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Washington Makes NFL History, Hires First Black Team President Jason Wright

Jason Wright, pictured in 2009 when he was with the Arizona Cardinals, will lead the organization's business divisions, including operations, finance, sales, and marketing, as team president.
Jason Wright, pictured in 2009 when he was with the Arizona Cardinals, will lead the organization's business divisions, including operations, finance, sales, and marketing, as team president.

Jason Wright knows he's expected to be an outsider as he becomes the NFL's first Black — and youngest — team president.

The 38-year-old former running back is making history for the league with its record of white-only team leaders. Wright is also expected to help turn things around for the Washington Football Team as it attempts to claw out of a series of dire crises, including breaking a long losing streak, overcoming scathing , and an overall perception of a toxic atmosphere.

"Hopefully, having not grown up in [Washington's] front office allows me to bring some catalytic thinking," Wright told The Washington Post, whose predecessor was Bruce Allen who held the position for 10 years.

Allen's father coached the Washington team among several others.

Wright added: "It's the same reason organizations bring in people externally — to push the thinking, to have new, creative ways of thinking about things [and] maybe be a bit disruptive."

Despite Wright's years of experience on the field — he spent seven years split among the San Francisco 49ers, Atlanta Falcons, Cleveland Browns and Arizona Cardinals — Washington Football Team owner Dan Snyder wants him to apply his expertise on the business side.

Wright will be "responsible for leading the organization's business divisions, including operations, finance, sales, and marketing," according to a statement from the team.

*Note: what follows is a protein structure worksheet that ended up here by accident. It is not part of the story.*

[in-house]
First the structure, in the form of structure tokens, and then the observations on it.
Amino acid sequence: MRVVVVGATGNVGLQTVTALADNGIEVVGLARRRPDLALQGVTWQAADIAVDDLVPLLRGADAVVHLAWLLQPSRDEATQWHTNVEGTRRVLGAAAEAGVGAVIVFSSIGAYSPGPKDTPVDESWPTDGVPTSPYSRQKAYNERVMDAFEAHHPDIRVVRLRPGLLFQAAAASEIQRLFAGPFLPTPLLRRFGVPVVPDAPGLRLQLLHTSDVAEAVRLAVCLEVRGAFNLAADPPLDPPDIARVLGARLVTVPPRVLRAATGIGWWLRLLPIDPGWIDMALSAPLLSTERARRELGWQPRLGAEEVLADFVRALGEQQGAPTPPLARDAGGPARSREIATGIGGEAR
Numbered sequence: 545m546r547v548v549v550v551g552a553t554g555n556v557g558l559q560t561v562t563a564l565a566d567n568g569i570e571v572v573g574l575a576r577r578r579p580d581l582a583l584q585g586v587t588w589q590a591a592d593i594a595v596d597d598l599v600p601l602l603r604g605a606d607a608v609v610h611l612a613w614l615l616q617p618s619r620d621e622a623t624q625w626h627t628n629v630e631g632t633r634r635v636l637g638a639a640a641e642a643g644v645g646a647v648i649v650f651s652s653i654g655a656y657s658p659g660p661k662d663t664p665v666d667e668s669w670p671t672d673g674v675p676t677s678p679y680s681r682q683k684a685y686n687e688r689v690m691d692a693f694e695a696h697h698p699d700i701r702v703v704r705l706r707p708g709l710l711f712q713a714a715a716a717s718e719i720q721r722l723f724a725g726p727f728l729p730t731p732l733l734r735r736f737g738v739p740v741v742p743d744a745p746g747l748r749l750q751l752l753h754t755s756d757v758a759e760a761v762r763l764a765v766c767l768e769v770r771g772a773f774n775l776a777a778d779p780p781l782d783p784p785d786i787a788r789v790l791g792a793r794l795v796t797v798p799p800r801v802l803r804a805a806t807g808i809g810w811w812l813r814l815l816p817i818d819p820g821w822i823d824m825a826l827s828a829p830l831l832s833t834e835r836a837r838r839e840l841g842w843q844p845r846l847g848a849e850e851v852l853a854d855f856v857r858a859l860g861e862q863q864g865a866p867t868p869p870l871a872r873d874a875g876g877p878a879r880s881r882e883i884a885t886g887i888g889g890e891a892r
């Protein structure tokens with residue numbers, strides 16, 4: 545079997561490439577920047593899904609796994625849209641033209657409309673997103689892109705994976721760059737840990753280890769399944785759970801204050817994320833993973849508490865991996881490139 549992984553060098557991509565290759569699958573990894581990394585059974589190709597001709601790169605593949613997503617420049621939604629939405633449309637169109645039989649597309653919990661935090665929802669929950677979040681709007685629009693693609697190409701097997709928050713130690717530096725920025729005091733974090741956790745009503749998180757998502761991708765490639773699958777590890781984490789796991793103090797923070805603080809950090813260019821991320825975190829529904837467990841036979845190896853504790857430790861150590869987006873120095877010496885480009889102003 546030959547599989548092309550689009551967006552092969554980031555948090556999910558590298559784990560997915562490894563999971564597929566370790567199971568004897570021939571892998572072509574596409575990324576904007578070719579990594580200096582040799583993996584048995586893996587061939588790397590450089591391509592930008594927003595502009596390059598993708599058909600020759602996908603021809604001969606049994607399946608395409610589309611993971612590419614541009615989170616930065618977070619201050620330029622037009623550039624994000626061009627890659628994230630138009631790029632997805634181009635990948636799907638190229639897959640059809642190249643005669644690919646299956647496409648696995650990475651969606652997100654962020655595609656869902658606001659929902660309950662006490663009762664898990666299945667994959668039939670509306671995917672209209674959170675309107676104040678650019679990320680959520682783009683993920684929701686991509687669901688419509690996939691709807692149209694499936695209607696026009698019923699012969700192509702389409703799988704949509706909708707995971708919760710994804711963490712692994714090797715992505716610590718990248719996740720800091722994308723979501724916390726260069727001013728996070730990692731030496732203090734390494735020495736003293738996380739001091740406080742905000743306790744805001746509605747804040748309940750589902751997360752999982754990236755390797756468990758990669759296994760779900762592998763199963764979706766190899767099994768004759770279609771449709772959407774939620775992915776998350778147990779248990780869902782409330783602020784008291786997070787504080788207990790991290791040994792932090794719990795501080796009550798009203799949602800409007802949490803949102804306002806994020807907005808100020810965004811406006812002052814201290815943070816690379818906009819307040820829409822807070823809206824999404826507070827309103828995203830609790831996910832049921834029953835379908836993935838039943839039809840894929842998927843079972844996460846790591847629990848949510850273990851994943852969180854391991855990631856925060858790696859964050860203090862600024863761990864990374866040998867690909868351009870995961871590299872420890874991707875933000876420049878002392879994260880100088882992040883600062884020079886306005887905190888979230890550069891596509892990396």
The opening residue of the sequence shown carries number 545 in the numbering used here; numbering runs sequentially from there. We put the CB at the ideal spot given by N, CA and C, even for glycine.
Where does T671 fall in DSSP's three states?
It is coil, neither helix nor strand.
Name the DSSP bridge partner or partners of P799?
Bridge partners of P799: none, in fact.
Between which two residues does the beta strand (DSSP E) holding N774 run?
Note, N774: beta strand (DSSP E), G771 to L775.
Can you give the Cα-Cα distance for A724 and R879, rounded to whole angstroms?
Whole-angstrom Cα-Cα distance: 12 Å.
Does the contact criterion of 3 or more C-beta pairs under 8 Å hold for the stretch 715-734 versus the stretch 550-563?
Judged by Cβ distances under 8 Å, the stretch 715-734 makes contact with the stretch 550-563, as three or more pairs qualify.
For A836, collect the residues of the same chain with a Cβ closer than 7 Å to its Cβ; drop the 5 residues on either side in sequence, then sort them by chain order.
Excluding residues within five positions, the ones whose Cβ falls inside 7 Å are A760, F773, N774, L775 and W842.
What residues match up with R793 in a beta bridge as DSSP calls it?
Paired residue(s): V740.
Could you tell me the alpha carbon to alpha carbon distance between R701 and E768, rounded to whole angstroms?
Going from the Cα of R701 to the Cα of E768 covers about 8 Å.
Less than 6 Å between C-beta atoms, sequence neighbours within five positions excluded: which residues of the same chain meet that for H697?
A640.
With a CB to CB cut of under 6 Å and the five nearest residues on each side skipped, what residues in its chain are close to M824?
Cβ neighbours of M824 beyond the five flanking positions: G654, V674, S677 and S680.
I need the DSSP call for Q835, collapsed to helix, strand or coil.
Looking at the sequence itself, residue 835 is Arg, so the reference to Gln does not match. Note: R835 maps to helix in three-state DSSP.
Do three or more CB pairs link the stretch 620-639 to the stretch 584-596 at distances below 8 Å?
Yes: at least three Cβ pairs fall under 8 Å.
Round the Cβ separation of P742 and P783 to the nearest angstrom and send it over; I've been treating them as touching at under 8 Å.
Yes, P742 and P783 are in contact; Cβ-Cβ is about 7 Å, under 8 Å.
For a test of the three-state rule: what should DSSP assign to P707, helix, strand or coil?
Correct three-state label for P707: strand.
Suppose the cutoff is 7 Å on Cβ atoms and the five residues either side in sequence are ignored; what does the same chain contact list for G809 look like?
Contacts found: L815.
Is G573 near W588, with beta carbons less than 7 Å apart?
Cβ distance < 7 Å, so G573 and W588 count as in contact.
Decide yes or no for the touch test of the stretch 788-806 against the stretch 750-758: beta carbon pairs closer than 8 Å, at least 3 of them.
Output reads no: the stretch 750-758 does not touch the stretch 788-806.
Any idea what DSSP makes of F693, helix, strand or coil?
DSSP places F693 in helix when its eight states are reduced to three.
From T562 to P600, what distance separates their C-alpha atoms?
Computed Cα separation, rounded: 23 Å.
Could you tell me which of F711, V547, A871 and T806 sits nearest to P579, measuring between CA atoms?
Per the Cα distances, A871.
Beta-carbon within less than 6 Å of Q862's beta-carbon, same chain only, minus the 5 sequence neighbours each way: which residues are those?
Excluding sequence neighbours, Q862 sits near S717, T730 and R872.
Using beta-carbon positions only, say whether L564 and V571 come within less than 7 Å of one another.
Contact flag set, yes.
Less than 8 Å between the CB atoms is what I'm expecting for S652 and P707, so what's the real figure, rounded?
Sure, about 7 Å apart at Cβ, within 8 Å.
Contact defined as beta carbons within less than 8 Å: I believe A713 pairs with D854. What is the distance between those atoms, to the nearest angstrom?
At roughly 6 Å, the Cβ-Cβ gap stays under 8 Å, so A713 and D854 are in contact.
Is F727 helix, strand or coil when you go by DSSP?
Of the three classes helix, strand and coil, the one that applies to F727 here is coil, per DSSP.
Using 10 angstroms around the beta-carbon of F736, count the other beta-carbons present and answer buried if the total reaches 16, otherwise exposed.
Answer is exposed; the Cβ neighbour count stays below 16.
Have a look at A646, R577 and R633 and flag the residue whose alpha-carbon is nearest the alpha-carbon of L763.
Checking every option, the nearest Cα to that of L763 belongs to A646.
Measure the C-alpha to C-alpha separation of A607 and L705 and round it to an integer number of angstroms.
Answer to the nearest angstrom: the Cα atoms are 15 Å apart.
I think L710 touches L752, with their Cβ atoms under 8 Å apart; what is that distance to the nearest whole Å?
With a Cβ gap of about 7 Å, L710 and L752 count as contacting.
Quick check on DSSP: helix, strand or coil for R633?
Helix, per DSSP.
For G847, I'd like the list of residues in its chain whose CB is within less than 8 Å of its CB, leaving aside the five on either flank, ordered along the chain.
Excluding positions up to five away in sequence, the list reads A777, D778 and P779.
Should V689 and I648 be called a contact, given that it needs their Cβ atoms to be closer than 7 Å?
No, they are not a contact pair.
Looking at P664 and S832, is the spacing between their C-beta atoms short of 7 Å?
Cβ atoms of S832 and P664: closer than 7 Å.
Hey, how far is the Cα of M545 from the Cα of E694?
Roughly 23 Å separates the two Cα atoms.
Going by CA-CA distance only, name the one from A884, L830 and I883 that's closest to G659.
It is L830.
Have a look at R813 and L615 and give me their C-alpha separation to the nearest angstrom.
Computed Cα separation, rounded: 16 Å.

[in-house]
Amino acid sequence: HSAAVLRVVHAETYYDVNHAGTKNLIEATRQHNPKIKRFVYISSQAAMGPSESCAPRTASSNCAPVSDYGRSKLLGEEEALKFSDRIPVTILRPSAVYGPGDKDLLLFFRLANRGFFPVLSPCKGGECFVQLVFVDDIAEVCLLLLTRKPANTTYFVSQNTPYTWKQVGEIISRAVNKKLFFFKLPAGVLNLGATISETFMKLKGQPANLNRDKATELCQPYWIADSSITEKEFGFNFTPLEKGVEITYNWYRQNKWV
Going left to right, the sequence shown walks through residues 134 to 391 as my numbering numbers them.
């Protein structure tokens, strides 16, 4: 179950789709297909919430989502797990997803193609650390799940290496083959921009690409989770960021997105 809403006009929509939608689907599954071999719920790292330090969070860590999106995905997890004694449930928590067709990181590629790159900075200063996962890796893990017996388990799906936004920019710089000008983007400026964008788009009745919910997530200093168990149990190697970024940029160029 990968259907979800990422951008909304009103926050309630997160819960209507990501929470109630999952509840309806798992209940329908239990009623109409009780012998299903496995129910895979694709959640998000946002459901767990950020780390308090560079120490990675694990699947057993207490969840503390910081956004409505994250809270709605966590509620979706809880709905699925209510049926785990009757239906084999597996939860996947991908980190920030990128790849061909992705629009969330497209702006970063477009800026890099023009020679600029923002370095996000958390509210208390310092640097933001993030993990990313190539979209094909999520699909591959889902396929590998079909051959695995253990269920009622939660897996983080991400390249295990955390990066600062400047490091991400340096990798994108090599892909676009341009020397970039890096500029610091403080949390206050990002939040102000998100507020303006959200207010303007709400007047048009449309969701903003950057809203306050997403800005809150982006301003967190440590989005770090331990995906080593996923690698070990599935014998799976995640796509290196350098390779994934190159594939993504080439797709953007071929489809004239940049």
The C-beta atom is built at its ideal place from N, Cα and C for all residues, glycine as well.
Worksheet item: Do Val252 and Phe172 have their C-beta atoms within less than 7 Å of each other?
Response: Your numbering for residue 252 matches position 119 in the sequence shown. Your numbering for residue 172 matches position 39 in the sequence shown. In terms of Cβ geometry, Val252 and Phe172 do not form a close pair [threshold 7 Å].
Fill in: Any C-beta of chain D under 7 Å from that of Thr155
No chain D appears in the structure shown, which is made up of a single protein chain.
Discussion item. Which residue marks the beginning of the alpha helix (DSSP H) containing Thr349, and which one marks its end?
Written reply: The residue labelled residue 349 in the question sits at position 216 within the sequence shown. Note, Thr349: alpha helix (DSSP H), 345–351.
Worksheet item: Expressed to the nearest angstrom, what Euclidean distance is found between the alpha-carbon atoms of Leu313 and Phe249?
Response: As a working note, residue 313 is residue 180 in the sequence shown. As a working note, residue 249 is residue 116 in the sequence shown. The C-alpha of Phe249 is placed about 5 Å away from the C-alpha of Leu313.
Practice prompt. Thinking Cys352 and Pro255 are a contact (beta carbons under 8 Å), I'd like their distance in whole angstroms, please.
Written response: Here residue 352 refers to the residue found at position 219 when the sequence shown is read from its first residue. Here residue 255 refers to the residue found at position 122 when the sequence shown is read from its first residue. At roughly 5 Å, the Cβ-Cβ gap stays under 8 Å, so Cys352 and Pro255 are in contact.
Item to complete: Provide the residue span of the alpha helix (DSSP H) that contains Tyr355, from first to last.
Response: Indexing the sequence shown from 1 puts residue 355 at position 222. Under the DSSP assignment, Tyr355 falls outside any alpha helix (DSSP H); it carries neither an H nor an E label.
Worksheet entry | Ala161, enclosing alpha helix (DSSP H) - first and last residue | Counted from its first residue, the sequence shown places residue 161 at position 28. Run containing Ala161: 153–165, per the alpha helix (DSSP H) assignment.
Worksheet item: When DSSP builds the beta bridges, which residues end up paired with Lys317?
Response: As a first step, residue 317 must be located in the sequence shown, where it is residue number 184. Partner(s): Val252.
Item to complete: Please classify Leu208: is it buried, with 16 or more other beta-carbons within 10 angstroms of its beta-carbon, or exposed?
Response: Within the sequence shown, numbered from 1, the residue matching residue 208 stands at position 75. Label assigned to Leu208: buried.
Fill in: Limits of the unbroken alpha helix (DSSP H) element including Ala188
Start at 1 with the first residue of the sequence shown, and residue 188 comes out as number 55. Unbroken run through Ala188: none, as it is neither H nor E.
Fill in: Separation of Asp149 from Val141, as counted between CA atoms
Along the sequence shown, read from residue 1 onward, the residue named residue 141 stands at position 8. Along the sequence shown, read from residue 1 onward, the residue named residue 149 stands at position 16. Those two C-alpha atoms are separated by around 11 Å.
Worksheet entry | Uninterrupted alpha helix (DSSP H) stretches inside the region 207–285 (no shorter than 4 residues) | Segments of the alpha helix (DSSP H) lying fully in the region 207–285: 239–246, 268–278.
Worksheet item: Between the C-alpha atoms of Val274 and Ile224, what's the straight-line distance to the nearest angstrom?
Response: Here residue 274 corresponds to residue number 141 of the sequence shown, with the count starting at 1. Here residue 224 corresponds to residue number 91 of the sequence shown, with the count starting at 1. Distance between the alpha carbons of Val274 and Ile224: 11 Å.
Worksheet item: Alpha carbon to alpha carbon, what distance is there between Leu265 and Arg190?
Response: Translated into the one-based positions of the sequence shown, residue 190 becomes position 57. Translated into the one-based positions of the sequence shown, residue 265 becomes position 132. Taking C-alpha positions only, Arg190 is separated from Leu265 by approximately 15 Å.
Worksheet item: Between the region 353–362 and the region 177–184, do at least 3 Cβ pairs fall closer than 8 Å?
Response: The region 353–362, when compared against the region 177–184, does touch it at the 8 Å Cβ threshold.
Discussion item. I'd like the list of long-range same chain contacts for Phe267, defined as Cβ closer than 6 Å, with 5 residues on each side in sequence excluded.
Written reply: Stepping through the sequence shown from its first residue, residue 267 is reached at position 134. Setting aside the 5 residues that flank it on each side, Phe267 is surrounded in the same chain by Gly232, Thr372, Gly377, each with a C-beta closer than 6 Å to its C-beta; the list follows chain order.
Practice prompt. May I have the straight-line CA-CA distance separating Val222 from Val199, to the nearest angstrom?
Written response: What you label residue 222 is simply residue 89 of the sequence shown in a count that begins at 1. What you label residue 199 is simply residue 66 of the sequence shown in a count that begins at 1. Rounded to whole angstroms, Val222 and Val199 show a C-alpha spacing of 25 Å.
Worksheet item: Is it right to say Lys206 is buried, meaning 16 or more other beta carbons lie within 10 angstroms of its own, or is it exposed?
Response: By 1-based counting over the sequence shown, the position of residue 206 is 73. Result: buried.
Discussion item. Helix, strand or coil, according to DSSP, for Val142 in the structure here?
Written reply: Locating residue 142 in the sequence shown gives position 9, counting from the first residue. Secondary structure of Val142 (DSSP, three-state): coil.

Following his NFL career, Wright earned an MBA from the University of Chicago and spent the last seven years at the consulting firm McKinsey & Company.

"It's a huge moment to bring those two worlds together," he told ESPN.

"What other job would they come together at such a unique time for an organization at the point our team is? I'm just happy I landed in this role at that time. There are other reasons it's historic, but that's a byproduct of me being the right and qualified candidate at this time. All of that is just icing on the cake."

Wright's appointment is just the latest in a series of moves to transform the troubled team.

Last month, Snyder announced that the team will get a new name after decades of controversy over the franchise's racist name which ultimately led advertisers to pull their support. That was followed by a devastating report in The Washington Post, including allegations from 15 women who said they were sexually harassed by team staff.

Other significant diversity changes include the hiring of Ron Rivera as head coach, making him the first Latino to hold the position with the team. And Washington also hired a woman to lead its communications division. Julie Davidson is now the team's highest-ranking female executive as well as the first woman to be part of an NFL team's radio broadcast.

"It's a pivot from what's been around in the past to a culture that's being inclusive, that's transparent, where people are able to thrive on and off the field," Wright told ESPN, adding that it's a "very exciting thing."

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